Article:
Articles Posted in Boating Accidents

A woman was rushed to the University of Louisville Hospital on Thursday afternoon after a yacht caught fire and exploded in the Marina of the Rose Island Yacht Club in Prospect. Randy Powell, who owns R&R Marine, and a friend had gone to the marina to assist the owners in filling the gas tank of their yacht, named Carver Cruiser. As they were working, the engine stalled. When they restarted the engine, it exploded.

Powell, his friend, and the two owners were able to get off the yacht before it was completely engulfed in flames, but not before Powell’s friend, Melissa Hall, severely injured her foot. Powell explained: “Her ankle was severed completely. It was just skin and ligaments holding it … .”

The North Oldham and Harrod’s Creek Fire Departments responded to the situation and, luckily, were able to put out the fire in about an hour. There was only minor property damage to the other yachts and dock, because the passengers pushed the burning yacht away from the dock to keep it from spreading.

Hall is in satisfactory condition at the University Hospital and is believed to make a full recovery.

Natasha Murrell of Louisville, Kentucky suffered fatal injuries from blunt force trauma to her head when she was thrown from a boat in which she was riding on Taylorsville Lake. According to reports, the boat ran aground in a wooded area.

Our hearts go out the friends and family of Ms. Murrell for their loss. This is an unfortunate reminder that we are once again at that time of year when recreational boating really increases, and along with that comes these tragic stories.

For the sake of the friends and family of Ms. Murrell, a full investigation needs to take place to determine just what caused this accident. Driver or operator error is always a prime suspect, but other potential causes should be explored as well. The bottom line is that Ms. Murrell’s loved ones deserve answers. Let’s also hope that those responsible have plenty of insurance coverage or other means of compensating for the losses and harms they have caused.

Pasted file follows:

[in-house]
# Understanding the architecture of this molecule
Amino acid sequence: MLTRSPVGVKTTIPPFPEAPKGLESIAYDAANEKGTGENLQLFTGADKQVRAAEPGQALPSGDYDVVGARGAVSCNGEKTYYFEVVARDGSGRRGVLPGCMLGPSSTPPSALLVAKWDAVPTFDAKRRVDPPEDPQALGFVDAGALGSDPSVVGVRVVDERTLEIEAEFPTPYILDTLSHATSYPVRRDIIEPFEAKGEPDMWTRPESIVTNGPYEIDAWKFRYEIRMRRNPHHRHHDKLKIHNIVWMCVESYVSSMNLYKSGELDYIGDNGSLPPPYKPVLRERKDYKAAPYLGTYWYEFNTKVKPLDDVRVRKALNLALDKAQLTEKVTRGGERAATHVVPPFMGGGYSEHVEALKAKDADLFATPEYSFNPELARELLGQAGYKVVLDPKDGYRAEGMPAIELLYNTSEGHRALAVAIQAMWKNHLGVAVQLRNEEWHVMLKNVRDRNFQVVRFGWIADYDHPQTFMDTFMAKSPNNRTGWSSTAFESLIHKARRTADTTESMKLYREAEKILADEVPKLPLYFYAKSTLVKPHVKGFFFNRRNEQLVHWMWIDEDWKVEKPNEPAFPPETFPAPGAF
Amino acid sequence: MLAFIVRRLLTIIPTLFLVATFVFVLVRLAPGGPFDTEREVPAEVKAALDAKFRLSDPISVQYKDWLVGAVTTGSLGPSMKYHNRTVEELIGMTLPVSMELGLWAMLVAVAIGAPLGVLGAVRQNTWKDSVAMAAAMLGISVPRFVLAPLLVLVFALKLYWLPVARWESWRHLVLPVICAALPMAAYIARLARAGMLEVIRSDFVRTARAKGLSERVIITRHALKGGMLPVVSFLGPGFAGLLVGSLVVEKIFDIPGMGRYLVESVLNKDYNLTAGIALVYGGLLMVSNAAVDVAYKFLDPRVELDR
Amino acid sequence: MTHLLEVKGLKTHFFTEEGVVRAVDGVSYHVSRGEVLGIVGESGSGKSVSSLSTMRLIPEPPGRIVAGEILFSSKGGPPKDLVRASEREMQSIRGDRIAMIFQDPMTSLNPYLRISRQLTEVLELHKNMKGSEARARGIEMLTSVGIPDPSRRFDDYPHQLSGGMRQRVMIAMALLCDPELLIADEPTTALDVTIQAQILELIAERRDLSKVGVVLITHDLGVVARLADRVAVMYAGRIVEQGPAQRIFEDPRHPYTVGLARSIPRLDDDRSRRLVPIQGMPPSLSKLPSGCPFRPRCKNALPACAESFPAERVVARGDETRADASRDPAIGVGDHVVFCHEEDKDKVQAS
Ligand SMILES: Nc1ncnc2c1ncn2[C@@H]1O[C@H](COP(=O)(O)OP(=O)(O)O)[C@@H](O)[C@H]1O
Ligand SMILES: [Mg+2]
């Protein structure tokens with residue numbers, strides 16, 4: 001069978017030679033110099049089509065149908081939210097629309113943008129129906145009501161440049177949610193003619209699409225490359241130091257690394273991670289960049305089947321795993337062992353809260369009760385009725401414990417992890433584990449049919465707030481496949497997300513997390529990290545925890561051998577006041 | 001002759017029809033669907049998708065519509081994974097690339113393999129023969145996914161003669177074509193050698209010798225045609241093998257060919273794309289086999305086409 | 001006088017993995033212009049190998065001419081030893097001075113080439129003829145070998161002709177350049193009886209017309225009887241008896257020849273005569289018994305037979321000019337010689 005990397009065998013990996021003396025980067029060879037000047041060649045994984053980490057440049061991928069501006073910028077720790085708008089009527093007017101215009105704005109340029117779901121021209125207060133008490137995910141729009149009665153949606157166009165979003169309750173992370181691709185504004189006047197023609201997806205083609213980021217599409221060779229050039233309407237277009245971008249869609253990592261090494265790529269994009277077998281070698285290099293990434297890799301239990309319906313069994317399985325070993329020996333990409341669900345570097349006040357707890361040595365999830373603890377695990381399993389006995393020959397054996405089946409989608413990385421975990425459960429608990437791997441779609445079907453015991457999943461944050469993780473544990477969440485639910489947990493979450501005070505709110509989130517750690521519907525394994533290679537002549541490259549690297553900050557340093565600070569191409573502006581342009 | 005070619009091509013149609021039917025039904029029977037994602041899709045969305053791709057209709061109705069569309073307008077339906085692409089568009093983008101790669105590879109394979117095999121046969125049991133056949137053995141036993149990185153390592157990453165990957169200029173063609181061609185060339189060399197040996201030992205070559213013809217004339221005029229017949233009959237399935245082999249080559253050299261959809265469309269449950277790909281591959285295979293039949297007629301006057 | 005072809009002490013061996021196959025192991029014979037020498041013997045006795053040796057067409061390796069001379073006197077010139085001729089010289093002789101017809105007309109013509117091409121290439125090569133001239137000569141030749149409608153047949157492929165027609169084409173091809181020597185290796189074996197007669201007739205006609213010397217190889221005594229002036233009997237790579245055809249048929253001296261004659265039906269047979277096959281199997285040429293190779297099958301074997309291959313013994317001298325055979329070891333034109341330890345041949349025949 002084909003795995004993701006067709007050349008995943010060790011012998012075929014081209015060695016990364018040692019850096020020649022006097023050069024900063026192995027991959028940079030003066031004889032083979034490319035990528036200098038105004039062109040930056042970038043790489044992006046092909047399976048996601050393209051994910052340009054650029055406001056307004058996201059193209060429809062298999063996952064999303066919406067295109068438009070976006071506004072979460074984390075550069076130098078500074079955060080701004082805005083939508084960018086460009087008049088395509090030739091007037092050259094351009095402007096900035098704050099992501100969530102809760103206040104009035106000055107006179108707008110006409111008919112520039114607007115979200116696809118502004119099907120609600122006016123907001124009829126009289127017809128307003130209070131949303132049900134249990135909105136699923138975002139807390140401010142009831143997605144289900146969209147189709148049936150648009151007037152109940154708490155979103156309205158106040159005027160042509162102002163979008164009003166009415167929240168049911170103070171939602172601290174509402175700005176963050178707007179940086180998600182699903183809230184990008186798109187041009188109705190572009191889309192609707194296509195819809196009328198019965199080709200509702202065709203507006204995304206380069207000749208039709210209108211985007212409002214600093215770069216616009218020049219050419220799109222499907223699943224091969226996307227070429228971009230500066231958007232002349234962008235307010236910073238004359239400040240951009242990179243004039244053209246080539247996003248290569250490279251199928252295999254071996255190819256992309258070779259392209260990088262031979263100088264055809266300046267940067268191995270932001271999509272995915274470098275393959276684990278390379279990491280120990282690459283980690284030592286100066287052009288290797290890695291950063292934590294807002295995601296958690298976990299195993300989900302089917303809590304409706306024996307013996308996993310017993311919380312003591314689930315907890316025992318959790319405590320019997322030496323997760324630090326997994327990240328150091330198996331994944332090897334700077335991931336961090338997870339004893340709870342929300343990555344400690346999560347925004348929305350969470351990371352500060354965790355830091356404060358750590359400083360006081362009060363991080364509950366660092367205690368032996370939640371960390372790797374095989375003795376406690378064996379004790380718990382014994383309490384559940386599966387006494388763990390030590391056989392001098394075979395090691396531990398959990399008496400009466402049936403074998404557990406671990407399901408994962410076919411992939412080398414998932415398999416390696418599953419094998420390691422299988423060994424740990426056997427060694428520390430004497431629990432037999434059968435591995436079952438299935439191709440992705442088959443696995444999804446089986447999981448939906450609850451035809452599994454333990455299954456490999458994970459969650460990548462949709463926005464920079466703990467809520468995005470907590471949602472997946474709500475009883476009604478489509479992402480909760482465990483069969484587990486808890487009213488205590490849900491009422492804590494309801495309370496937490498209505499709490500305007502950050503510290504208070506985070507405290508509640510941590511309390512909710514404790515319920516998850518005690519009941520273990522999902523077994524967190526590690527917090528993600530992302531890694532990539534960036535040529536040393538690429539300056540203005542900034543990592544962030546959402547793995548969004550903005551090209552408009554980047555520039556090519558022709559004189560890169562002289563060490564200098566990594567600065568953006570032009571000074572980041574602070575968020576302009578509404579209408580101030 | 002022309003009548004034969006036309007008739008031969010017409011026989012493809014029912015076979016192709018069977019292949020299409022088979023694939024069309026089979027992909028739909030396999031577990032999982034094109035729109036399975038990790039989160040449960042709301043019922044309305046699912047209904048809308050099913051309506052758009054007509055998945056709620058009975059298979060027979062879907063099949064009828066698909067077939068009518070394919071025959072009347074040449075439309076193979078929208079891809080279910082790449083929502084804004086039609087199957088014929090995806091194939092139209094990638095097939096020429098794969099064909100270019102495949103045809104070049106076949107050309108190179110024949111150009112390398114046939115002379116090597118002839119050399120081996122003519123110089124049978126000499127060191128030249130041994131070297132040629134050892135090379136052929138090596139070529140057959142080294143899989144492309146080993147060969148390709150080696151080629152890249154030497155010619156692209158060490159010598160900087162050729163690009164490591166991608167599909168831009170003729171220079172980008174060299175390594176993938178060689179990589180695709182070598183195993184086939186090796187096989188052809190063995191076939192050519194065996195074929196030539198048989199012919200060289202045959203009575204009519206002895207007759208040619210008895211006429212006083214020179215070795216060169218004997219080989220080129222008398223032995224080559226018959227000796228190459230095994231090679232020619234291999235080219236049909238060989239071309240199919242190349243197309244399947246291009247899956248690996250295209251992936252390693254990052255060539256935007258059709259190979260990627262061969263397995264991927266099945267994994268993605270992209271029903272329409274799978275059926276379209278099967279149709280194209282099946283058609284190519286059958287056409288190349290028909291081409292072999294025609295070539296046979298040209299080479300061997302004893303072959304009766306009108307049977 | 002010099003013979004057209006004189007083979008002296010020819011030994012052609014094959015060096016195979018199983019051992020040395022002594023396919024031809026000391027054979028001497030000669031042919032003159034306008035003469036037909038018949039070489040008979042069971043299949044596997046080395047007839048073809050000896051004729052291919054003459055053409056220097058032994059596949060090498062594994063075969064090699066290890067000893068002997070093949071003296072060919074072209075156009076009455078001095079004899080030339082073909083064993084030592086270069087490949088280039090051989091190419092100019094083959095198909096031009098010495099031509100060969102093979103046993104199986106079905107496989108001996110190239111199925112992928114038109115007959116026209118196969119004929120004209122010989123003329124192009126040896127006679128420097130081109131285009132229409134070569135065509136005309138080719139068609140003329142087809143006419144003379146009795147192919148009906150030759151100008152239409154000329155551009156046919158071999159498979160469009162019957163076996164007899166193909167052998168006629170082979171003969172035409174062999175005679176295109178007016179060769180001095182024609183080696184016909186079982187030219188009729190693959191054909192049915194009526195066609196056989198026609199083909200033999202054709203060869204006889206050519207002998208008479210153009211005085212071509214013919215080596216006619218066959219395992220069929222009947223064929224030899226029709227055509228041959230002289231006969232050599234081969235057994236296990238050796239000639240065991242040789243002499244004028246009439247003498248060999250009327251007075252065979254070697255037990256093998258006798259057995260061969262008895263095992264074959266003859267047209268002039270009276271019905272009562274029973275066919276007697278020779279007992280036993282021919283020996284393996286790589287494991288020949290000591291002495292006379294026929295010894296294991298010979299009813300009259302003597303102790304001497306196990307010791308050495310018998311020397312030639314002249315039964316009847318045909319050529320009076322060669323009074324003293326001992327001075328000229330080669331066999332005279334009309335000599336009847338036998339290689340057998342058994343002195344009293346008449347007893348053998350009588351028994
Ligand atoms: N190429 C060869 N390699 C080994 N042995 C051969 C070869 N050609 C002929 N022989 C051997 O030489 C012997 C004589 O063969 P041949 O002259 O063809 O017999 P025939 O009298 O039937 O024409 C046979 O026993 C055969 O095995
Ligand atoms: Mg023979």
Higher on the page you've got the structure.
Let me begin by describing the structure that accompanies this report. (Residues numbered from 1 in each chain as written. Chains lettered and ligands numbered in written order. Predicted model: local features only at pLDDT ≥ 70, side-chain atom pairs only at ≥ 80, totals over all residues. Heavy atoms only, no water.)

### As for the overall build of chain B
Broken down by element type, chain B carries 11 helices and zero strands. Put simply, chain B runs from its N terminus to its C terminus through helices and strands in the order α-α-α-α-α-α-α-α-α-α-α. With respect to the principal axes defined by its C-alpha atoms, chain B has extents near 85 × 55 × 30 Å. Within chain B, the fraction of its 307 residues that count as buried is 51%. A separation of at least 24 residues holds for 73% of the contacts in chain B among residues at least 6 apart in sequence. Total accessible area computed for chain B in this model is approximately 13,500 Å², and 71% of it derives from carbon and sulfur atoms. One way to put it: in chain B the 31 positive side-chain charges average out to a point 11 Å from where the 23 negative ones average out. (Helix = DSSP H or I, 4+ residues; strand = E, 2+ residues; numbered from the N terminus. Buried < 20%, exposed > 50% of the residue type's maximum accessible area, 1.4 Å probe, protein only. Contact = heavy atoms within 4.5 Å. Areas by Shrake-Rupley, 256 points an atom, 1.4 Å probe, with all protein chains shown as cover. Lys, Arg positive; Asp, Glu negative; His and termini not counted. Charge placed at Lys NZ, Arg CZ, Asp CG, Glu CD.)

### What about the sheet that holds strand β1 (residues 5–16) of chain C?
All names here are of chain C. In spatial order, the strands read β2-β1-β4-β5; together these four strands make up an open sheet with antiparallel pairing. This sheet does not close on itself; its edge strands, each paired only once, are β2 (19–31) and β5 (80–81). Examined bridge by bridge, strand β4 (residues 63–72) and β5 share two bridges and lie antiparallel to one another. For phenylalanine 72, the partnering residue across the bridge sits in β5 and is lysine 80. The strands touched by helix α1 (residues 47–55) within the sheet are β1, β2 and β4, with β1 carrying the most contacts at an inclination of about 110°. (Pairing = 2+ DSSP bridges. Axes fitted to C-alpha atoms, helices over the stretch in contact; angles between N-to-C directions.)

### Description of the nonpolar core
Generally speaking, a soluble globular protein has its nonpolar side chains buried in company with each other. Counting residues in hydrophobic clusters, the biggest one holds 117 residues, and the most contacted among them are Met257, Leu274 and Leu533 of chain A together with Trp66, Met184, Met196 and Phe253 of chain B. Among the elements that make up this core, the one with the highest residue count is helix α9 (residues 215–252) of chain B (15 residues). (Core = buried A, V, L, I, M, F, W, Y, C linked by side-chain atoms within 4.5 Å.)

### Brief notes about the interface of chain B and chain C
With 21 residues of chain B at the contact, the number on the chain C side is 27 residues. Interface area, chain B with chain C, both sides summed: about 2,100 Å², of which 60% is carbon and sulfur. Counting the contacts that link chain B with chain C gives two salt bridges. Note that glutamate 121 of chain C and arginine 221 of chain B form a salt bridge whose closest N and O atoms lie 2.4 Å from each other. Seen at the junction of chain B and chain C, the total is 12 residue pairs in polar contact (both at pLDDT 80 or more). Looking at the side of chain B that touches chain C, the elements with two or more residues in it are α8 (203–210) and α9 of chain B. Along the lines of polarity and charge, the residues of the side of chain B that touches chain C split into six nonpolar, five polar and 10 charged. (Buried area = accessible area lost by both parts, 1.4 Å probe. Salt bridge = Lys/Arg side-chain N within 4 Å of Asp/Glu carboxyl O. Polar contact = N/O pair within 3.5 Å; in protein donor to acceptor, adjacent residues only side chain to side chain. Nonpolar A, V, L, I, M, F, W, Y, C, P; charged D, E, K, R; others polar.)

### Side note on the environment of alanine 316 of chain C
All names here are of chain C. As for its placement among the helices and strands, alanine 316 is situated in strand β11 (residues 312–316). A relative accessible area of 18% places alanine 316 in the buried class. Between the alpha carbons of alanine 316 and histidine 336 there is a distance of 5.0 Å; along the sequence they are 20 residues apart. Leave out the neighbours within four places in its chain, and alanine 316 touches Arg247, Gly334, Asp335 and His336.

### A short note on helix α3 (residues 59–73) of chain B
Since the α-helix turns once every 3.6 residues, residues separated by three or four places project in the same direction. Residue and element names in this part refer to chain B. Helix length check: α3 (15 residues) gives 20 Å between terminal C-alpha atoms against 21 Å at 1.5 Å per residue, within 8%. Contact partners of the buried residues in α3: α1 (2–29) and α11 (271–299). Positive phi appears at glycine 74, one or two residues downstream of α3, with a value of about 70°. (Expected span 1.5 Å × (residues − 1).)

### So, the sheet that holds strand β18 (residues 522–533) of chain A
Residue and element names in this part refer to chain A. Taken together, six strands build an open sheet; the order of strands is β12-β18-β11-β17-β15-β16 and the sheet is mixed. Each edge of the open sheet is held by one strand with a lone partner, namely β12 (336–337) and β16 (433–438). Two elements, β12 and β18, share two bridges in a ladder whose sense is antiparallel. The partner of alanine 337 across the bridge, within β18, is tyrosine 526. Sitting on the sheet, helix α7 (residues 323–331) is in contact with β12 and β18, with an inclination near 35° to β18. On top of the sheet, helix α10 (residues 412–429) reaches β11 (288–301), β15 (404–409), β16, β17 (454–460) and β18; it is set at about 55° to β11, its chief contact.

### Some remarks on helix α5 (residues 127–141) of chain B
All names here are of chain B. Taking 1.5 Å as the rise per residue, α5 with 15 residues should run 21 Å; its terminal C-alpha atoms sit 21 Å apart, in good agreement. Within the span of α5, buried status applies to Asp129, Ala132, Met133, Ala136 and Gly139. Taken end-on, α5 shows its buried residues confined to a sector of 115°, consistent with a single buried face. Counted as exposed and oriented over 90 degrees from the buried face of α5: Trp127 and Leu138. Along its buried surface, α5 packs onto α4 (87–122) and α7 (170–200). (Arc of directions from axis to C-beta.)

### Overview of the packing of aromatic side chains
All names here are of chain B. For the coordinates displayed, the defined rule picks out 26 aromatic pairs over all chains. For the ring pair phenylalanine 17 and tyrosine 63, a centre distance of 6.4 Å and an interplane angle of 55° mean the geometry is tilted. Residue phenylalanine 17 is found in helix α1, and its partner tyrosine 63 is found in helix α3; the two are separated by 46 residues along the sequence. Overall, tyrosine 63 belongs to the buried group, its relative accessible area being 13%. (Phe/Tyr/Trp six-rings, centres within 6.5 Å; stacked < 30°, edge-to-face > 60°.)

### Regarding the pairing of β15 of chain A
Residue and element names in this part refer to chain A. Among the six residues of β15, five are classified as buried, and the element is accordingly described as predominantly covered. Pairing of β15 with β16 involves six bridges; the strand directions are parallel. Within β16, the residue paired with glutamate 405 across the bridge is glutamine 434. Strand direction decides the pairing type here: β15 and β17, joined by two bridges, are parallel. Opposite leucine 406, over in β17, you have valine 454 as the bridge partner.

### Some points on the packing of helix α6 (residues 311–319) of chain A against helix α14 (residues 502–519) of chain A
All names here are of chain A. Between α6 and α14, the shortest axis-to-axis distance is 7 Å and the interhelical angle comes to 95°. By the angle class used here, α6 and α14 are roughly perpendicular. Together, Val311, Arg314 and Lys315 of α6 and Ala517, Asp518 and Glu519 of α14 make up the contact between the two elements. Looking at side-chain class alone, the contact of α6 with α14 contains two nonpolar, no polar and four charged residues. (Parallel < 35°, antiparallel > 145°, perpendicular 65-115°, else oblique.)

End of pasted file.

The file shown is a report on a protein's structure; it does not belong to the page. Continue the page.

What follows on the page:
With summer in full-swing, many Kentucky boaters are heading out to one of our many lakes and rivers. However with the increase in boat traffic, recreational boating can result boating accidents causing severe personal injury or even death. Following the rules and regulations of the open waters helps to ensure that boating is an enjoyable and safe activity for all.

Before leaving the dock, boaters should always check their safety equipment to ensure that it is in proper working order. The United States Coast Guard requires that each boat have the following:

- Life jackets
- Registration and numbering
- Navigation lights
- Ventilation
- Fire extinguishers
- Distress signals
- Battery cover and connections
While out on the water, boaters should be aware of proper boating etiquette. Yielding to another boat towing an individual behind it helps to ensure the safety of the individual being towed so that he or she will not be run over by another boat. When towing an individual, designate a person to supervise the individual. Always slow down when approaching congested areas and anchorages. Boaters are responsible for their own wakes and the damage it may cause.

One of the most effective ways to prevent boating accidents is to avoid alcohol, as this single factor contributes to about one-third of all boating accidents. Kentucky law prohibits drinking in all Kentucky public waterways and prohibits Operating Under the Influence. In Kentucky, operating a boat with Blood Alcohol Content of .08% is considered boating under the influence. By following the law and boating etiquette, Kentucky boaters can safely enjoy our waters this summer.

For more information on boating safety, visit the Kentucky Department of Fish & Wildlife Resources at http://fw.ky.gov/navigation.aspx?cid=771 .